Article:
327. Memorandum From Secretary of State Shultz to President Reagan1


  • My Meeting Today with Soviet Ambassador Dobrynin

I met for an hour today with Soviet Ambassador Dobrynin to discuss preparations for the Geneva meeting. I began by emphasizing the seriousness with which you and I are preparing for the meeting, noting that while we don’t underestimate the difficulties, we are ready to move ahead as rapidly as possible.

Dobrynin gave me the list of the Soviet delegation. It will consist only of Gromyko, his deputy Korniyenko, Dobrynin, Karpov (their seasoned arms control negotiator), Foreign Ministry specialist Obukhov, and Gromyko’s interpreter. I told him that I would be bringing a large group with me to Geneva to be available for consultations there, but that my negotiating team in the meetings would include Paul Nitze and not be larger than theirs. While the Soviets had earlier said Gromyko wanted to leave on the afternoon of the second day, Dobrynin told me that Gromyko now is prepared to remain for a meeting that afternoon (January 8th) if it would be useful.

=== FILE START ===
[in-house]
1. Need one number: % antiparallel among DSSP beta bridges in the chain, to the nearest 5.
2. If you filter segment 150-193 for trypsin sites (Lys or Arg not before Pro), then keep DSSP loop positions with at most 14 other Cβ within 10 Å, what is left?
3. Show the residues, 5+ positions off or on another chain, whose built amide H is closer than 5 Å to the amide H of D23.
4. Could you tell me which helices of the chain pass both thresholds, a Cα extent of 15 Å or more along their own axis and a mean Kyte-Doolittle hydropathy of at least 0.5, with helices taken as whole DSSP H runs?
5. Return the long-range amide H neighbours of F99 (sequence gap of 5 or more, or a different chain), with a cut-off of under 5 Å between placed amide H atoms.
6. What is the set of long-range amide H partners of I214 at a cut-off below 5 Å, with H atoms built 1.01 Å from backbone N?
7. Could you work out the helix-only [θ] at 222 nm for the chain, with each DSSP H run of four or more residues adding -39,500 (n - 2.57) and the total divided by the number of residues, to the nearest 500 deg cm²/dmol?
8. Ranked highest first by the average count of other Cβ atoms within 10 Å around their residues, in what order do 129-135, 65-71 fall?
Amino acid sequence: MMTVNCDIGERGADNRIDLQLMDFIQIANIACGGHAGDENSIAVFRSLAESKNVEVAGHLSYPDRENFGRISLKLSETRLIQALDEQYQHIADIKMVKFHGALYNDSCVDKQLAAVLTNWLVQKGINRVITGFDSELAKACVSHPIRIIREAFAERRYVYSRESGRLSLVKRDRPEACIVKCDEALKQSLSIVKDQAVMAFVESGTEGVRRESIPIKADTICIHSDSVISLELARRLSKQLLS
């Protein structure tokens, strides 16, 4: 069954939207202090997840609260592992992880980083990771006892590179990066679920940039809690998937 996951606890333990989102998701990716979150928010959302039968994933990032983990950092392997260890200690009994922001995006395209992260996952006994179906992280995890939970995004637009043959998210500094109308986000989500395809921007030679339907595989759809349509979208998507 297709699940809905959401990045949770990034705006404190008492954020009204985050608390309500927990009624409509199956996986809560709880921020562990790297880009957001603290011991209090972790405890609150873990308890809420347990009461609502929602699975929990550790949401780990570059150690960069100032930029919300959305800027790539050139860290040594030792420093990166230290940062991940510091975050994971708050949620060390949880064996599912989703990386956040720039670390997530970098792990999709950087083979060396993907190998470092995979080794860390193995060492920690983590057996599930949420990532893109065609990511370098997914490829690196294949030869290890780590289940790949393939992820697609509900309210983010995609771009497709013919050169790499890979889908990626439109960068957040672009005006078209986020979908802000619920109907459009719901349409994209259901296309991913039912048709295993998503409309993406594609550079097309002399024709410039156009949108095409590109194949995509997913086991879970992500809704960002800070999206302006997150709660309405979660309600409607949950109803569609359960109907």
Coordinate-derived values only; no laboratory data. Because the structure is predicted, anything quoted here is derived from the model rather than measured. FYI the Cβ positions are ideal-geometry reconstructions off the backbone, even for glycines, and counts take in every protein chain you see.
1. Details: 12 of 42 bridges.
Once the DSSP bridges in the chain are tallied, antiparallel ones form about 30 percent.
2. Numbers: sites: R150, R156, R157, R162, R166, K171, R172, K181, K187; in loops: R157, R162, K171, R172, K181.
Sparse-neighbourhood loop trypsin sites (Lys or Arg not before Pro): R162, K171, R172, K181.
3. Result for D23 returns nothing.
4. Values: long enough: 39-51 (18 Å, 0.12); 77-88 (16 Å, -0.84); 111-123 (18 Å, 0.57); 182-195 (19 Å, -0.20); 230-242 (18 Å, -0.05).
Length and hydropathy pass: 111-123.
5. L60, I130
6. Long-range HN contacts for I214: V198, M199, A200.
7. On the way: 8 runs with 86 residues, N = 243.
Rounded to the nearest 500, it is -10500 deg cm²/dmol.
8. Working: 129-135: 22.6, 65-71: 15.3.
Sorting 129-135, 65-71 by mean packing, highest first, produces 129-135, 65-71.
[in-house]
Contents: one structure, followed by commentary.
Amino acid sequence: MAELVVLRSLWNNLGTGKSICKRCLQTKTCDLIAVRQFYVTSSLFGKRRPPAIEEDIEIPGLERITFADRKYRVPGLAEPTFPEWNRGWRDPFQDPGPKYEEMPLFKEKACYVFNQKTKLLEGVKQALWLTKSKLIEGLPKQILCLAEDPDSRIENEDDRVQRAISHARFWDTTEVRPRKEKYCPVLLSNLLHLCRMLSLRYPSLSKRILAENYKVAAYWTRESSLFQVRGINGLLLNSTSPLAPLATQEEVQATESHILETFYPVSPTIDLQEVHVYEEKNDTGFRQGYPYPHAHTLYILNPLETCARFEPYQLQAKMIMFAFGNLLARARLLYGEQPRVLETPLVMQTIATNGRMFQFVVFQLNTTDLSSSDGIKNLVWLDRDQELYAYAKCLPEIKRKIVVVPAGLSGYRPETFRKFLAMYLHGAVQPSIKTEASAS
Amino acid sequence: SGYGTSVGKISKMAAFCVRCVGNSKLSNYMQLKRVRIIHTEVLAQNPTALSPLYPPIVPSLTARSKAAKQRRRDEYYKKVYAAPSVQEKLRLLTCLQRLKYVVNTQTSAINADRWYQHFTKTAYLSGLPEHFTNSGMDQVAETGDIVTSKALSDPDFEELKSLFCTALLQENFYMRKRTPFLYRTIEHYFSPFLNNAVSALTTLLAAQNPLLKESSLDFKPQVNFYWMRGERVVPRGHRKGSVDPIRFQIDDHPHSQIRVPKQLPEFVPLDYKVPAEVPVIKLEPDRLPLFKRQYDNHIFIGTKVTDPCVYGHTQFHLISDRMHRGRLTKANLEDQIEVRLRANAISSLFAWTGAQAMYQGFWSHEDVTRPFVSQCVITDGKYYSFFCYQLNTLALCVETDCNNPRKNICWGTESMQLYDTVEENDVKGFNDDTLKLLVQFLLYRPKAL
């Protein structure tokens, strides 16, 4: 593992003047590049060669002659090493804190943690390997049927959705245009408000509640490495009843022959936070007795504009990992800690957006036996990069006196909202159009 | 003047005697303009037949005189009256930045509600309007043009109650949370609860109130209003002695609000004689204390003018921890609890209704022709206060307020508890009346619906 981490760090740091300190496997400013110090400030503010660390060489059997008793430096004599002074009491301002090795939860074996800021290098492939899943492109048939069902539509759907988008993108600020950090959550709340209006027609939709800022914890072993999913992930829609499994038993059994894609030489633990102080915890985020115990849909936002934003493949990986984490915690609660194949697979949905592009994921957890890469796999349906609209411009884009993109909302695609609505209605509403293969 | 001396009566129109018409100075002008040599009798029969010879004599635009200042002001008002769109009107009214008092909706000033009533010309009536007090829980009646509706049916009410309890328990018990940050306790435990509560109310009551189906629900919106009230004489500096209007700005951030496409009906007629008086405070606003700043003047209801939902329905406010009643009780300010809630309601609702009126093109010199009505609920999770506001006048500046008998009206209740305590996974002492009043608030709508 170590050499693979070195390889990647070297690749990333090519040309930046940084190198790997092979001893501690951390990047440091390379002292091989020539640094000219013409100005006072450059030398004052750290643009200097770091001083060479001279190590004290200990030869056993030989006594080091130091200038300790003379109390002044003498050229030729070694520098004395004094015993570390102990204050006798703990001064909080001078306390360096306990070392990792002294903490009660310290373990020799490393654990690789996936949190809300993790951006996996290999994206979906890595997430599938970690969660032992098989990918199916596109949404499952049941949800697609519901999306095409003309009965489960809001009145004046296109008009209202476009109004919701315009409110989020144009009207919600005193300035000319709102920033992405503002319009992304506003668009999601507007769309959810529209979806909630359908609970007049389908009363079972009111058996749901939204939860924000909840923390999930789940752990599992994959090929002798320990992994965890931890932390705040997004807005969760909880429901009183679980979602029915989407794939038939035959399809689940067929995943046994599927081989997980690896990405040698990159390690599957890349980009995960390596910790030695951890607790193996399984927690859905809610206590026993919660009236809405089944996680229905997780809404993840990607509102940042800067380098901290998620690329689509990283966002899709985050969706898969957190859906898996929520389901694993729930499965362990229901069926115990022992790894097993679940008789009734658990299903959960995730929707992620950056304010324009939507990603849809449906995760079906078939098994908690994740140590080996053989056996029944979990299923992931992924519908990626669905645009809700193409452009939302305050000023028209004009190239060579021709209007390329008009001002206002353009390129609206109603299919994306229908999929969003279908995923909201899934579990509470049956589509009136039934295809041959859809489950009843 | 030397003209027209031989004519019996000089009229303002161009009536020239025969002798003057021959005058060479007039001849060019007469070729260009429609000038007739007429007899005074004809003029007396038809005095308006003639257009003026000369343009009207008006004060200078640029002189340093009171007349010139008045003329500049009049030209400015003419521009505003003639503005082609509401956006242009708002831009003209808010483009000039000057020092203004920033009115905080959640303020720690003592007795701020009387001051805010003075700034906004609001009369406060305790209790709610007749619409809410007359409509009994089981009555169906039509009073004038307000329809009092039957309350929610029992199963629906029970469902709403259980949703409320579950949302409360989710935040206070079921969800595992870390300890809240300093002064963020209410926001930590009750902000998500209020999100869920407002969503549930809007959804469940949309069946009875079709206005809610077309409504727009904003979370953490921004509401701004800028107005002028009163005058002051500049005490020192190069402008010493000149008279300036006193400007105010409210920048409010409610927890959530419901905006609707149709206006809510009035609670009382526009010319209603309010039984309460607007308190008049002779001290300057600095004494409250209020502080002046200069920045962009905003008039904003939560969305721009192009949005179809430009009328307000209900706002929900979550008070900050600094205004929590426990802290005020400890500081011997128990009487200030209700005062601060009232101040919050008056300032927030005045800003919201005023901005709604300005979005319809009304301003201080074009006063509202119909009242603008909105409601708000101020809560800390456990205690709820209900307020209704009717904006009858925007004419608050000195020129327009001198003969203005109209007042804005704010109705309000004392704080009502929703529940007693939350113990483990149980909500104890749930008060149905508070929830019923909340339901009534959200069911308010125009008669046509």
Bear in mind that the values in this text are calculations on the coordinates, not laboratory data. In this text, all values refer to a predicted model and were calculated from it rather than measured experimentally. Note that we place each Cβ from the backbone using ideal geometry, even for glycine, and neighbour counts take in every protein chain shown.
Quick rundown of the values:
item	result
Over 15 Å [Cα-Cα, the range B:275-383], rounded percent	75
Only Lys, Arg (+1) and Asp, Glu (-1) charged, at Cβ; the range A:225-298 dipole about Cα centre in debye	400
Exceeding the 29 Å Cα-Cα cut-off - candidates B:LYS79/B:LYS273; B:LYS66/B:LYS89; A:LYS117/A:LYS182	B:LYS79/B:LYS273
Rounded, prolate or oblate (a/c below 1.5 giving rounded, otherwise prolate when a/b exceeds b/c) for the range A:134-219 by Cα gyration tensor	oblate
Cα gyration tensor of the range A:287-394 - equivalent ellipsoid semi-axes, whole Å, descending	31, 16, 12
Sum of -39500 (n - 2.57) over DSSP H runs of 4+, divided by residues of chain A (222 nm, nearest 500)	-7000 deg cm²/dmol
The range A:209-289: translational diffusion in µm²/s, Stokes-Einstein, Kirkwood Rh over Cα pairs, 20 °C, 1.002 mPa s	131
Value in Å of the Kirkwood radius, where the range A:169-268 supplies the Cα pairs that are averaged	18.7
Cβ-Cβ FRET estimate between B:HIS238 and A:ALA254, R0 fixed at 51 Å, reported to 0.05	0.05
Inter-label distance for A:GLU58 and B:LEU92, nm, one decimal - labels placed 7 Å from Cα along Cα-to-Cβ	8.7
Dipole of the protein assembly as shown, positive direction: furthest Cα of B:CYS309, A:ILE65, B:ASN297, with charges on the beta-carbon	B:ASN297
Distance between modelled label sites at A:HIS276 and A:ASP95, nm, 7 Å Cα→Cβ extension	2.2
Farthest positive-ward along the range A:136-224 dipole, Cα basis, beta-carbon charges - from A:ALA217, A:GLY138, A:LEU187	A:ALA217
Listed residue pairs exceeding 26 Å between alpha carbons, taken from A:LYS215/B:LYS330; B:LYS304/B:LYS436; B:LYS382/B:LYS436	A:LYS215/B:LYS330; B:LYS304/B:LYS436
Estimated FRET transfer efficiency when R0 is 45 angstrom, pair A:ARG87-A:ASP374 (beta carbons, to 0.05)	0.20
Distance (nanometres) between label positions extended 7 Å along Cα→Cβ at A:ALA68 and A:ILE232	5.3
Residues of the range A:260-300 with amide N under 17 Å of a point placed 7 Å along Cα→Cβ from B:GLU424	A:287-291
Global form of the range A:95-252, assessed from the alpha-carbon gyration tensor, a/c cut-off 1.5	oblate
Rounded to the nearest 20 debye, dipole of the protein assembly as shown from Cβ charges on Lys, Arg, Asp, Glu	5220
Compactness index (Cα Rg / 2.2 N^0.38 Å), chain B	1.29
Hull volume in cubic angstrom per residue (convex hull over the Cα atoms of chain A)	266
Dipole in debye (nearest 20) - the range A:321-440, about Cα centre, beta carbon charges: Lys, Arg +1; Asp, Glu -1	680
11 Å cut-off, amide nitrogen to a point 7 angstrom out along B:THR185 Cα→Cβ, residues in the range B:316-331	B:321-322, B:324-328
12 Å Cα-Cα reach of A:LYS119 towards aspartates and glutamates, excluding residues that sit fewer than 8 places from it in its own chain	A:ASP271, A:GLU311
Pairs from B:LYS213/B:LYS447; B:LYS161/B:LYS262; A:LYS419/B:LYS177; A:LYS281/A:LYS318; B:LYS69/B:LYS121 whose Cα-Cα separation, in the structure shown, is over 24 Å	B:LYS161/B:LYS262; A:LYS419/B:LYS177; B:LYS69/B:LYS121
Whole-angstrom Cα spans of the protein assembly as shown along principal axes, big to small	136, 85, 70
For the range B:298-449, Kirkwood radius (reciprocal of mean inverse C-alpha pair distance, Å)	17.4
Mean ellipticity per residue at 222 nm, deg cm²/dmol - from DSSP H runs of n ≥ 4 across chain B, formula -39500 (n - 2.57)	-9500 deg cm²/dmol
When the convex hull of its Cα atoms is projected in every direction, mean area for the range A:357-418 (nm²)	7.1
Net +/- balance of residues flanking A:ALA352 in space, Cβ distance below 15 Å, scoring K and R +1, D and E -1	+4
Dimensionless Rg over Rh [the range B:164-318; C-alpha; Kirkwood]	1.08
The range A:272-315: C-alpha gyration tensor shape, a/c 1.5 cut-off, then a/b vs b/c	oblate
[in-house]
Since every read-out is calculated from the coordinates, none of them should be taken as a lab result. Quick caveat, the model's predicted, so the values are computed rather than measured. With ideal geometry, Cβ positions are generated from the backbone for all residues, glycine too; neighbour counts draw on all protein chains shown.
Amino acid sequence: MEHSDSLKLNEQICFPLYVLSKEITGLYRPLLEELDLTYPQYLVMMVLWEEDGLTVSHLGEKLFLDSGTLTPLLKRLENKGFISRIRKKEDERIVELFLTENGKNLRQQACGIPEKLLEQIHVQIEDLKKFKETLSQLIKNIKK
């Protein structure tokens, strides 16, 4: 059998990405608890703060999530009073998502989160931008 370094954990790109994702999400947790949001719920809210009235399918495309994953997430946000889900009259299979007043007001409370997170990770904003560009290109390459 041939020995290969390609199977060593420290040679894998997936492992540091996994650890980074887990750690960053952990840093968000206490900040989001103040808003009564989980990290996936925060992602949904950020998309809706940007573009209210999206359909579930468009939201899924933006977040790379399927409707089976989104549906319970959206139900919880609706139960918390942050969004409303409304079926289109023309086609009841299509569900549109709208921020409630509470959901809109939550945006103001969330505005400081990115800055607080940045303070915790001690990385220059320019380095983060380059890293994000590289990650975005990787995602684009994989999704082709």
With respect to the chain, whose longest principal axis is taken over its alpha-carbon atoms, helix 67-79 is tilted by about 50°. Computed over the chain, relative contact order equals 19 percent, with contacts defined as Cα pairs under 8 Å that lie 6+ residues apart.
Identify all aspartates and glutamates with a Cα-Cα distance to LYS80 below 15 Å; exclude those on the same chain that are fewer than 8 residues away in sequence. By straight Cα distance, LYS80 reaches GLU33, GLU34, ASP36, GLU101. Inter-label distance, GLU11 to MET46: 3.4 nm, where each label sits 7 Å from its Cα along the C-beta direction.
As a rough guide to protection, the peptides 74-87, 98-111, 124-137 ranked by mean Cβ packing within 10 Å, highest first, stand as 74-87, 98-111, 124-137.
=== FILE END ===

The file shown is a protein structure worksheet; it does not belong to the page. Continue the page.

On substance, Dobrynin said Gromyko is planning to concentrate primarily on arms control and does not want a lengthy discussion of the overall relationship. However, when I suggested that V-E Day events in Europe might be the kind of bilateral issue that would be worth discussing, he seemed to welcome the idea, noting that Moscow was also reviewing this issue and it might be worth some preliminary discussion even before Geneva. Dobrynin also inquired about the status of any replies to the two outstanding Chernenko letters.2 I told him we were working on responses. Your reply to Chernenko’s November 15 letter on the overall relationship arrived later in the afternoon and we passed it to Dobrynin’s deputy Sokolov.3

  1. Source: Reagan Library, Executive Secretariat, NSC Country File, Europe and Soviet Union, USSR (12/05/84–12/13/84); NLR–748–25A–43–7–5. Secret; Sensitive. A stamped notation in the upper right-hand corner of the memorandum indicates that it was received in the White House Situation Room on December 8. Reagan initialed the memorandum on December 11, indicating he saw it.
  2. See attachments to Documents 307 and 310.
  3. Chernenko’s letter was dated November 17. For Reagan’s reply, see Document 328.